The marriage of a middle class couple, Nader and Simin, is falling apart. Simin wants to leave Iran with her husband and daughter, Termeh, but he refuses to do so. Nader’s main argument for staying is that they must look after his elderly father who is suffering from Alzheimer’s. When Simin moves out, Nader is forced to make provision for his father’s care and he hires a working class woman, Razeih, to look after him while he is at work. In the opening half hour of the film, Farhadi sets up this complex web of combustible relationships. When he lights the touch paper, he ignites questions concerned with the nature of truth and lies, faith and reason, modernizing attitudes and those that wish to preserve the status quo, moral responses that are influenced by secular influences and those where a sense of sin prevails. In an interview, Farhadi says:

Yes, and there are even more divisions – between father and daughter, for instance. But the main separation – the most important in Iranian society – is that between the different classes. A lot of people in Iran today lean towards a modern way of life, yet there are those who are more traditionalist, who want to go back to a mythical olden day. For the middles classes it’s more to do with individual freedoms. Class is where the real struggle lies. It’s turning into a hidden war.

Such divisions in society and religion are familiar in the West. But A Separation never deteriorates into inert ideological positions. Farhadi refuses to take sides. Instead, he uses domestic, human trials to provide a window into the broader legal, theocratic and class structures of Iranian society. Farhadi is determined not to caricature Iranian society, to turn it into a cartoon Muslim state. For example, he makes clear that there is no homogeneous, simple response to Islam. The educated, Nader and Simin, are not devout. The carer, Razeih, is religious. When Nader’s father wets himself, her first response is to phone an imam for the correct religious response. Can she as a woman help clean the old man? What would the Koran permit in such a situation? How far can you go? And it is the Koran in the final scenes of the film that seals the fate of Nader, who is accused of murdering an unborn child.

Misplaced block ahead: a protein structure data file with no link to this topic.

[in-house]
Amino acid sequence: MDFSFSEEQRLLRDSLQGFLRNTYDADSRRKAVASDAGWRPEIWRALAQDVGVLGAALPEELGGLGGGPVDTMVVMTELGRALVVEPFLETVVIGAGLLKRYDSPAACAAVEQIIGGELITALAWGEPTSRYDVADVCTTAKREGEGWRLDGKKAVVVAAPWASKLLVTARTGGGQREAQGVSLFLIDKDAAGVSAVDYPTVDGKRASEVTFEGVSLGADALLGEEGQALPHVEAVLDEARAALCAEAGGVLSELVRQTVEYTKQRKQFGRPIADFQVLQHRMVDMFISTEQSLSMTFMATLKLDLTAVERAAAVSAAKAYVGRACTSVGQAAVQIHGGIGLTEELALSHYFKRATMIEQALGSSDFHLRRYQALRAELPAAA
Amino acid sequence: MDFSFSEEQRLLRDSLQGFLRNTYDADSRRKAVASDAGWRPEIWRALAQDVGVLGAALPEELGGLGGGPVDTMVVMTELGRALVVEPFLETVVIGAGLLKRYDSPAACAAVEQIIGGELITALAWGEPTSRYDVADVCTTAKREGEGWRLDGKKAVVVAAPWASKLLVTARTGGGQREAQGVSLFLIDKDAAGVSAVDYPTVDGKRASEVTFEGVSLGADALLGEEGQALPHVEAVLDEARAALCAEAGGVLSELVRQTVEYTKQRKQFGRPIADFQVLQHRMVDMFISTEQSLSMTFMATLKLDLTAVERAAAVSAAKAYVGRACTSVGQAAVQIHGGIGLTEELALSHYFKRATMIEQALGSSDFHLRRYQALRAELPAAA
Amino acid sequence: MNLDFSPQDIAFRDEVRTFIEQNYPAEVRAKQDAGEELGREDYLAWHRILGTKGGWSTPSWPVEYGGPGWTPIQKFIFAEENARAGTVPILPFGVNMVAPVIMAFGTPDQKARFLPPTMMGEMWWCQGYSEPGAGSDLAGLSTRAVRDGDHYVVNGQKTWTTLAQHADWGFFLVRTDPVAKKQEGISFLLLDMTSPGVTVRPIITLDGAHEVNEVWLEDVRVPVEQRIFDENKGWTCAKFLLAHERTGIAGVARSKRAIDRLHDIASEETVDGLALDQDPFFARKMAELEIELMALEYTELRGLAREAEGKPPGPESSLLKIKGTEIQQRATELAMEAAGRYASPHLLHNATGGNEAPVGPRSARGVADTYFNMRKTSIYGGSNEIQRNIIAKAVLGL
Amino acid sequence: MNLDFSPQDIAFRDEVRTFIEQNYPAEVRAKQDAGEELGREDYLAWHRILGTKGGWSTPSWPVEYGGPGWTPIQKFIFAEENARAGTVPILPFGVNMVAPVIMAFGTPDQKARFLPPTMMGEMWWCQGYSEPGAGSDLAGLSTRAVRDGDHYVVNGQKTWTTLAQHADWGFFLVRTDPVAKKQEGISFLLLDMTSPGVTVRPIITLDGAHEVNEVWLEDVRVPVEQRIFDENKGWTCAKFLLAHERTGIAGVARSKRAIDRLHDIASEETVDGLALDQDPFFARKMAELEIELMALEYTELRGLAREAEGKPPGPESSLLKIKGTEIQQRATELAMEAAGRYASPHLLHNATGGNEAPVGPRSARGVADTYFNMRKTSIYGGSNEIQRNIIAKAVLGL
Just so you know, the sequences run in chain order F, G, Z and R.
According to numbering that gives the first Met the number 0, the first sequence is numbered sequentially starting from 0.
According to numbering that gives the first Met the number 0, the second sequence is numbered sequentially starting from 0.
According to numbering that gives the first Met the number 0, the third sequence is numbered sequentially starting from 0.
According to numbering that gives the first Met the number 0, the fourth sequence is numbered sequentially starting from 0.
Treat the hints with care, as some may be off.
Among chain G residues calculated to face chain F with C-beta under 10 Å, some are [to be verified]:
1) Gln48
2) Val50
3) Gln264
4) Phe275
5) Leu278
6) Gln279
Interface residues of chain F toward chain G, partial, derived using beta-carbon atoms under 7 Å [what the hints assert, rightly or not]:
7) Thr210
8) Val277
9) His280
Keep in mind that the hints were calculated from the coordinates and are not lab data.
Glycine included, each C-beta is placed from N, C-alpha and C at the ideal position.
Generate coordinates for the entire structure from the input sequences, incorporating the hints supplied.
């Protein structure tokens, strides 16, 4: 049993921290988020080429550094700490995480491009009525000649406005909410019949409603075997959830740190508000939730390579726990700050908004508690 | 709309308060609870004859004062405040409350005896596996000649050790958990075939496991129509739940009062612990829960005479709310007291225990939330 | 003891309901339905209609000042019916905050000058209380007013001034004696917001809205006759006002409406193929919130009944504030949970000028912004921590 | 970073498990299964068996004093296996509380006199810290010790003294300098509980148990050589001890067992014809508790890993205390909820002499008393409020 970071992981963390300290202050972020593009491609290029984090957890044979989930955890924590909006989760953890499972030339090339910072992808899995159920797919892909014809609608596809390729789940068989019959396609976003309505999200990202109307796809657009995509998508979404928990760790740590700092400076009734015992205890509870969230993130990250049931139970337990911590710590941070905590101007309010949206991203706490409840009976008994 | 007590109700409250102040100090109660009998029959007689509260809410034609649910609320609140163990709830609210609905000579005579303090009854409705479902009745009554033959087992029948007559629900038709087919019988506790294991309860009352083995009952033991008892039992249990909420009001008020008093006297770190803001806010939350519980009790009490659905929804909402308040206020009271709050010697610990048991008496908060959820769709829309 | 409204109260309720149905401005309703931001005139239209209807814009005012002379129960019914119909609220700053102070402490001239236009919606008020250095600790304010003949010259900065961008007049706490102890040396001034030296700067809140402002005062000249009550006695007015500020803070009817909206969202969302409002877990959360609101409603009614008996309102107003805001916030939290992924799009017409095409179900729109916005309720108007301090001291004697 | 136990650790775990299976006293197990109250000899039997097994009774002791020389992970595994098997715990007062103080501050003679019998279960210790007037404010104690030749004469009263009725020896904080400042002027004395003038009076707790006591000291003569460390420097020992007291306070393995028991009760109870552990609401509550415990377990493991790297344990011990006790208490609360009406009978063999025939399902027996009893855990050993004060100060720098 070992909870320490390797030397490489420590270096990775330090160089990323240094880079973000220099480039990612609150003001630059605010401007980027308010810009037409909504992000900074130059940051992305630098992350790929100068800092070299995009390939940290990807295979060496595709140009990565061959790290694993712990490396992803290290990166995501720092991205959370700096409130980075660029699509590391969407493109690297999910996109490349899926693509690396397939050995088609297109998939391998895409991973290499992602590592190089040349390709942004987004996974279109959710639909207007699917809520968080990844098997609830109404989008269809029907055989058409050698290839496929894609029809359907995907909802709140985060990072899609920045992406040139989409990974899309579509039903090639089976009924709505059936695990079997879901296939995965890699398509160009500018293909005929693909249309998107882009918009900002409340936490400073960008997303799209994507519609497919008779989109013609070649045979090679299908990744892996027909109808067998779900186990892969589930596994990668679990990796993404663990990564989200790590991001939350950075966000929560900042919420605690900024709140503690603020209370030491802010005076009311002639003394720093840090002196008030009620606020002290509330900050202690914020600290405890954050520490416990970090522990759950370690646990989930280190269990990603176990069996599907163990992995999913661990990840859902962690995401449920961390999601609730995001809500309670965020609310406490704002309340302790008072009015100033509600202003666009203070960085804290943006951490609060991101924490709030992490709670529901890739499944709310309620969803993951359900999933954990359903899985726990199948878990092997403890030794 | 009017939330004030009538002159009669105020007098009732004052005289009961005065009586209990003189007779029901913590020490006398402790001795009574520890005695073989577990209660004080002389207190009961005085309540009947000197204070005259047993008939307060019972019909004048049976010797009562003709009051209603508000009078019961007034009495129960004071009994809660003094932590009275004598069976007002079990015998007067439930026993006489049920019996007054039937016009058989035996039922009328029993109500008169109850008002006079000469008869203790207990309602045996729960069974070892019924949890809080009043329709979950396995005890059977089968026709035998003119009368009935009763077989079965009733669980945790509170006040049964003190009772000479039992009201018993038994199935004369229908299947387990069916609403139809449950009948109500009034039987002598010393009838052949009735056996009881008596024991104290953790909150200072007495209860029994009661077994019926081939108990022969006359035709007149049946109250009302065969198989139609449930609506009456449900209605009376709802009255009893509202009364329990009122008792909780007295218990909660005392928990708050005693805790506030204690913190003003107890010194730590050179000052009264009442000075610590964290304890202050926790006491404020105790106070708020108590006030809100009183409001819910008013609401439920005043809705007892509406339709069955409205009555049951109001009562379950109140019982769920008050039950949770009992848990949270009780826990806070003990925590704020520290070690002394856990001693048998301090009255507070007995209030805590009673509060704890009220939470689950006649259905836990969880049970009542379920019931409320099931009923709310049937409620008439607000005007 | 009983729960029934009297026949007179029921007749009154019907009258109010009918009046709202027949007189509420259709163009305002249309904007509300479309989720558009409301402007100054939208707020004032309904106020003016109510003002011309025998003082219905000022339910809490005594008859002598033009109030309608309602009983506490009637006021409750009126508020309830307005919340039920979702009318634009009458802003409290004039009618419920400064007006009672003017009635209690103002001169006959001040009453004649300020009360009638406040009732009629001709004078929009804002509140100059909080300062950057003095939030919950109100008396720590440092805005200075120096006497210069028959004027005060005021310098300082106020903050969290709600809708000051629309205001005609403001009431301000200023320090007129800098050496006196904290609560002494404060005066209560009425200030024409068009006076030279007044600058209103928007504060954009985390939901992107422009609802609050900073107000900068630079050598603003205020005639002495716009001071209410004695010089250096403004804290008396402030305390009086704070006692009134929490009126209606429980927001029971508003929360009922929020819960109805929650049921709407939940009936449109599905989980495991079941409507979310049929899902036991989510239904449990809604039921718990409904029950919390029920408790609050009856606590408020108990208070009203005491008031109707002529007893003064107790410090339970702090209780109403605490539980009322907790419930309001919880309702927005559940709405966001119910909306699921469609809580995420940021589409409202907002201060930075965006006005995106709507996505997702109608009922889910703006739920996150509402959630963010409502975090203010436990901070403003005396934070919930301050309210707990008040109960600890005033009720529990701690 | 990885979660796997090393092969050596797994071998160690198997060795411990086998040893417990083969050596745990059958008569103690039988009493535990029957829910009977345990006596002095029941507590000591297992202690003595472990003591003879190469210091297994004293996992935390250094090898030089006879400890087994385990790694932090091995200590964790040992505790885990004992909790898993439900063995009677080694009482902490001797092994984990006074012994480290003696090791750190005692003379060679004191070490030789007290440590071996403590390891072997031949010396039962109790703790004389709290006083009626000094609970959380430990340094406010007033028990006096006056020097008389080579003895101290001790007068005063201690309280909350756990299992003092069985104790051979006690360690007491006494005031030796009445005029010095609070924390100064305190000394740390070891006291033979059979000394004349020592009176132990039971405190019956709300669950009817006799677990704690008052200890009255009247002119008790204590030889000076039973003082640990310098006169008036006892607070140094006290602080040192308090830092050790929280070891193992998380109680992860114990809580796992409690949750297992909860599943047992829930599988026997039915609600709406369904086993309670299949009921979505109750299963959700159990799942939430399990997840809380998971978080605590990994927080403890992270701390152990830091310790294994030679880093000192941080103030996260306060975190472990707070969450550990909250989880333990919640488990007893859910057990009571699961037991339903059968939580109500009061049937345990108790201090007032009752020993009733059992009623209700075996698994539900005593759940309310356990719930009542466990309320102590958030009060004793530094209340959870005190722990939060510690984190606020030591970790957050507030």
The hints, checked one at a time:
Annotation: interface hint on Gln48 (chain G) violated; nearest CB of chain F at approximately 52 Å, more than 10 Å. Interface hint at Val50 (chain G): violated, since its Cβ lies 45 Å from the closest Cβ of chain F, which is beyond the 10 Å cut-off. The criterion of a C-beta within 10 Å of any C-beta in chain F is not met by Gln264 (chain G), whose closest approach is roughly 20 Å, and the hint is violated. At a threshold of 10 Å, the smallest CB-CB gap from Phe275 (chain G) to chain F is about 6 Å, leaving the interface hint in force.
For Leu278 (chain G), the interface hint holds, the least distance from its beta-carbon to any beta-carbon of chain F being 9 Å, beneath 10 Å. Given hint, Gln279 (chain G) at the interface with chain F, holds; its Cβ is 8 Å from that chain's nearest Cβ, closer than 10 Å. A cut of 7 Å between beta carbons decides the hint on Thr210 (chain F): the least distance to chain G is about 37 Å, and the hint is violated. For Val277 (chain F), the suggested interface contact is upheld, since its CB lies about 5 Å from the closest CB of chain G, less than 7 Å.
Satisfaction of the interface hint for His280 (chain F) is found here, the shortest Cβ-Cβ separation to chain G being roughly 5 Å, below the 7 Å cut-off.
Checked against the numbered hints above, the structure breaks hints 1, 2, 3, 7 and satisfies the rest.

A Separation is not an Iranian film, but a film about a marriage in meltdown and that is something that transcends cultures. Beautifully acted, A Separation has all the tension of an Alfred Hitchcock film and will leave you with sweaty palms. But it also has a penetrating intelligence that continually shifts moral expectations and makes you think deeply. Not many films do that these days. A Separation honours the audience by treating it as an intelligent community. That is what the very best cinema should and can do. A Separation does.

Sunday, 3 July 2011

London Road


The serial killing of five prostitutes in Ipswich in 2006 and the impact on the local community doesn’t sound the most promising material for a musical, but London Road at the National Theatre is one of the most original pieces of musical theatre you are ever likely to see. London Road is proof that a musical can be more than superficial entertainment, that it can deal with weighty, nuanced subject matter, such as, the meaning of community and the possibility of reconciliation.